Common Screenings for Women
Week 2: Common Screenings for Women
Many screening procedures are often recommended and routinely used with women to detect diseases in the earliest stages possible. Consider Cindy, who was 28 years old when she received the results of her annual pap smear. The results of the test were abnormal, leading to a diagnosis of human papillomavirus (HPV). While Cindy’s type of HPV did not require treatment, subsequent annual pap smears were highly recommended due to risks associated with the disease. Five years later, after another round of abnormal screening results, Cindy was diagnosed with aggressive cervical cancer, which was then successfully treated (Tamika & Friends, Inc., 2011). For diseases like cervical cancer, screenings and early detection can save patients’ lives, as it did in Cindy’s case. As an advanced practice nurse caring for women, you must be able to provide recommendations for screening tests, interpret test results, and develop care plans that meet the unique needs of patients.
By the end of this week, students will:
- Evaluate strengths and limitations of guidelines for screening procedures
- Analyze the influence of guidelines on clinical decision making
- Analyze the impact of advanced practice nurses on issues related to screening guidelines
- Evaluate diagnoses for patients
- Evaluate treatment and management plans
- Understand and apply key terms, principles, and concepts related to clinical guidelines on screening procedures
- Analyze differences between common screenings for younger women and common screenings for older women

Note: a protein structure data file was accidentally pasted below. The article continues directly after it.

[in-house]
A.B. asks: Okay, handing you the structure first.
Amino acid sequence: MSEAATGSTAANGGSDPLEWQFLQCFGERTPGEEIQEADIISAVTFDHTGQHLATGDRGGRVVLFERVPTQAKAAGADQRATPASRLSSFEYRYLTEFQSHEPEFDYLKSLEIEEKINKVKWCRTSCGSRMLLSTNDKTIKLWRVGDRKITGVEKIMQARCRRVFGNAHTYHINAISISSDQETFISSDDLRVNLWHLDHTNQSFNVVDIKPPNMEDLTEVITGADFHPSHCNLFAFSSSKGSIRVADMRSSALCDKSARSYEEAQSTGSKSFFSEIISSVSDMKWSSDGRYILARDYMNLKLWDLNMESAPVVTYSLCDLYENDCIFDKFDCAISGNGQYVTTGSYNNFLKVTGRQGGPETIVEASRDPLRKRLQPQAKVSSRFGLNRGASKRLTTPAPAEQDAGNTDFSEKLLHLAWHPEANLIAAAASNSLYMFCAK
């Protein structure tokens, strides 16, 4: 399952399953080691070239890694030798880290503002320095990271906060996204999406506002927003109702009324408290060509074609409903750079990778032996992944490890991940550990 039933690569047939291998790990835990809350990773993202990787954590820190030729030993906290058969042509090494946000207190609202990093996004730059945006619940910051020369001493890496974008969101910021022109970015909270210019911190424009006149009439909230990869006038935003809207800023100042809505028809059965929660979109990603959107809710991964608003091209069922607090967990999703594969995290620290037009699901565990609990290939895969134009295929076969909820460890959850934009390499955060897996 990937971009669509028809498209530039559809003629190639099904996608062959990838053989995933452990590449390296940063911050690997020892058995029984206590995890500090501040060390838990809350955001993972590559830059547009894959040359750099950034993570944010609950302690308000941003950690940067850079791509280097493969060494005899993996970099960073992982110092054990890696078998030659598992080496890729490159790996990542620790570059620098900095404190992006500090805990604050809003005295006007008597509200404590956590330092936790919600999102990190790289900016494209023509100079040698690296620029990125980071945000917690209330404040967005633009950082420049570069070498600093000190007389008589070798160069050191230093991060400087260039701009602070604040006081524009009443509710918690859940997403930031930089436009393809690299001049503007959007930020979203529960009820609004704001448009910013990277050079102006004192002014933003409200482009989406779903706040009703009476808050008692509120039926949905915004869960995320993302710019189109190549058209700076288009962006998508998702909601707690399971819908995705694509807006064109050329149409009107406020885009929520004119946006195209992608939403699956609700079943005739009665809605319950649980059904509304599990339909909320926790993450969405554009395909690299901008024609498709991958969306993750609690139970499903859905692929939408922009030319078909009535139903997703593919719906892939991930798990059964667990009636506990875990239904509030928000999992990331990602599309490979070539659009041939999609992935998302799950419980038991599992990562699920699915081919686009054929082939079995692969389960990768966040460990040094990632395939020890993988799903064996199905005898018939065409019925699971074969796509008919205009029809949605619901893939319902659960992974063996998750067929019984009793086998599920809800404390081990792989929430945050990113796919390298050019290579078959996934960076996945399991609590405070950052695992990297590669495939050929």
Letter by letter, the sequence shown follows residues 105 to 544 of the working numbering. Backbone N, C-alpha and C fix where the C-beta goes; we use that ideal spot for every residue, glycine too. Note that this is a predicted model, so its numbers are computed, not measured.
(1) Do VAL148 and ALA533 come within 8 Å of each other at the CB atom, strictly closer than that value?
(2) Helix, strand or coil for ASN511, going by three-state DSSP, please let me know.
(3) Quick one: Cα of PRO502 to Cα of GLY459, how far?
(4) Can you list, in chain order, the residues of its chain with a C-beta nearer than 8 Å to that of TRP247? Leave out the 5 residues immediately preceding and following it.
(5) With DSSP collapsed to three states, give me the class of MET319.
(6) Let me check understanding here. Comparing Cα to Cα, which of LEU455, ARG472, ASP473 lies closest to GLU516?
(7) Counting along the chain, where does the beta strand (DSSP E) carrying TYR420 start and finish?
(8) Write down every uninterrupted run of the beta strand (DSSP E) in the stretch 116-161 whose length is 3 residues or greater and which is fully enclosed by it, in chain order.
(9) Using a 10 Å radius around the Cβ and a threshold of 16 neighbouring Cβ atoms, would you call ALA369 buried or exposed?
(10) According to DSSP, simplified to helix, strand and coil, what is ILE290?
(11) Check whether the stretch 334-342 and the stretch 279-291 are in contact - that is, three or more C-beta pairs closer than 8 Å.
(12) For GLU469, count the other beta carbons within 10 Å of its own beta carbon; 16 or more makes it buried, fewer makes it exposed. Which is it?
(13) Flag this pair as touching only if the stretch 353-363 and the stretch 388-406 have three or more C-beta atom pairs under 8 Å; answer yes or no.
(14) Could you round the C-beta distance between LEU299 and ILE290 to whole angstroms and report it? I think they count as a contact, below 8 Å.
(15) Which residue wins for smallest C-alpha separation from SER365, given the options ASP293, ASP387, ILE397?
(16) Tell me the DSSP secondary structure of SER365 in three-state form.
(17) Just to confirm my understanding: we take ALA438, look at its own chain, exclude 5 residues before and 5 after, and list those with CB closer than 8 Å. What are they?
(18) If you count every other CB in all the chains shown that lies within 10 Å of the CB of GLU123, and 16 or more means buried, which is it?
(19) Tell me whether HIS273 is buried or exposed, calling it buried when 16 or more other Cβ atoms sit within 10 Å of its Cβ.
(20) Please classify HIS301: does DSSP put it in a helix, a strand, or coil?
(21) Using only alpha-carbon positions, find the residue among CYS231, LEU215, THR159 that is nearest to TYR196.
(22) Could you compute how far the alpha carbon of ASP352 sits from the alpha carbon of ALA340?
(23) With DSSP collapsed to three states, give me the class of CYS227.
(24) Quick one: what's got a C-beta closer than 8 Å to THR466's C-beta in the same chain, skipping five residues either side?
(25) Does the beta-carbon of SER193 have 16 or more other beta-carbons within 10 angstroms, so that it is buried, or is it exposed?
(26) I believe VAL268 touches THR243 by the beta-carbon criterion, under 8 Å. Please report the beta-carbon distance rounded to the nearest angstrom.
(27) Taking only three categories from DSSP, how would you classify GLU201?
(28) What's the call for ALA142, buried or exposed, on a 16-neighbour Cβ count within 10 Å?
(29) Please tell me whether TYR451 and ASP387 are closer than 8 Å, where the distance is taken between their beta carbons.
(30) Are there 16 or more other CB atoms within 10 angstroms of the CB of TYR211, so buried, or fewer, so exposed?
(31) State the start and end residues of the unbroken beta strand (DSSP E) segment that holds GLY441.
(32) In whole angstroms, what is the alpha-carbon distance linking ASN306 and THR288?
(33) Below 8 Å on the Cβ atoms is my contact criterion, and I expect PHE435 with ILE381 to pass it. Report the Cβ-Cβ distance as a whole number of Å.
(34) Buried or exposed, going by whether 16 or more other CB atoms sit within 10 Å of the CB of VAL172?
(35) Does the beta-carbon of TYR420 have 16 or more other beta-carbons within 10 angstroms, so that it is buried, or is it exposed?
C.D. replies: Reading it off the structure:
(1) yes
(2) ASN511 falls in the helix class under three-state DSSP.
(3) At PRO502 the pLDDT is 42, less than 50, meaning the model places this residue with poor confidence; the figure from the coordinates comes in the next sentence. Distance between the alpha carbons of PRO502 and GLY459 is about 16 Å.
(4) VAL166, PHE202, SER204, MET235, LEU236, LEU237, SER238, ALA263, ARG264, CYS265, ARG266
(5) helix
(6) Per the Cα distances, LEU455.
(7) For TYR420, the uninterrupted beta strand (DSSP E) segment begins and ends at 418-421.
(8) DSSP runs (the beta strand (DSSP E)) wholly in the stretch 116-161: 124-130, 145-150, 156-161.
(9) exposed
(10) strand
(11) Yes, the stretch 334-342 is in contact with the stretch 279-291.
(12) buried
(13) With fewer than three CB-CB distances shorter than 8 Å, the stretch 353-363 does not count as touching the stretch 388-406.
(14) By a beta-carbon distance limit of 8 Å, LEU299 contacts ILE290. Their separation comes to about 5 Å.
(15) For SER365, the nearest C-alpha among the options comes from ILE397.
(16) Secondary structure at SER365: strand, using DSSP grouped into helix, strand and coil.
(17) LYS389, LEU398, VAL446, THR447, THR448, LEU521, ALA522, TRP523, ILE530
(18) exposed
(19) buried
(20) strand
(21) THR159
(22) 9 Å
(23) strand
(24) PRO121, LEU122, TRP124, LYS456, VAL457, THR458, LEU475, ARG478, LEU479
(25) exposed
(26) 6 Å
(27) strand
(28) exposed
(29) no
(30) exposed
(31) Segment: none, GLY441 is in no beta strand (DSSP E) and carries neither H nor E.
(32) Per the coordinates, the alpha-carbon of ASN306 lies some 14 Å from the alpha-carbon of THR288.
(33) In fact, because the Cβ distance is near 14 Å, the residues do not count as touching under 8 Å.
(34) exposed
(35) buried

Discussion: Guidelines on Screening Procedures
The goal of health promotion and education is to help prevent disease in patients. However, this is not always successful, and disease it not always preventable. With disease, early detection is ideal, often making screening procedures a routine part of clinical care. Unfortunately, many patients do not utilize these health services. This can be attributed to lack of awareness or access to care, financial concerns, or even levels of comfort with health care providers. In your role as the advanced practice nurse, you must be aware of potential obstacles for patients and implement strategies to ensure patients receive necessary screenings. Although a variety of screening procedures are recommended for women at various stages of life, not all screenings are appropriate for all patients. Understanding the strengths and limitations of each screening, as well as current guidelines for use is essential to effectively facilitate patient care. For this Discussion, the course Instructor will assign a specific topic for you to research.
- Review this week’s media presentation, as well as Chapters 6 and 8 of the Tharpe et al. text and the U.S. Department of Health and Human Services article in the Learning Resources.
- Research guidelines on screening procedures for the topic assigned to you by the course Instructor (e.g., guidelines on screening for domestic violence, safety, nutrition, osteoporosis, heart disease, mental health, eating disorders, thyroid disease, pap smear, mammogram, cancer, and sexually transmitted infections). Note: The course Instructor will assign a topic to you by Day 1 of this week.
- Reflect on strengths and limitations of the screening guidelines.
- Consider how the guidelines might support your clinical decision making.
By Day 3
Post an explanation of the guidelines on screening procedures for the topic assigned to you “THYROID DISEASE”. Include an explanation of strengths and limitations of the guidelines. Then, explain how the guidelines might support your clinical decision making.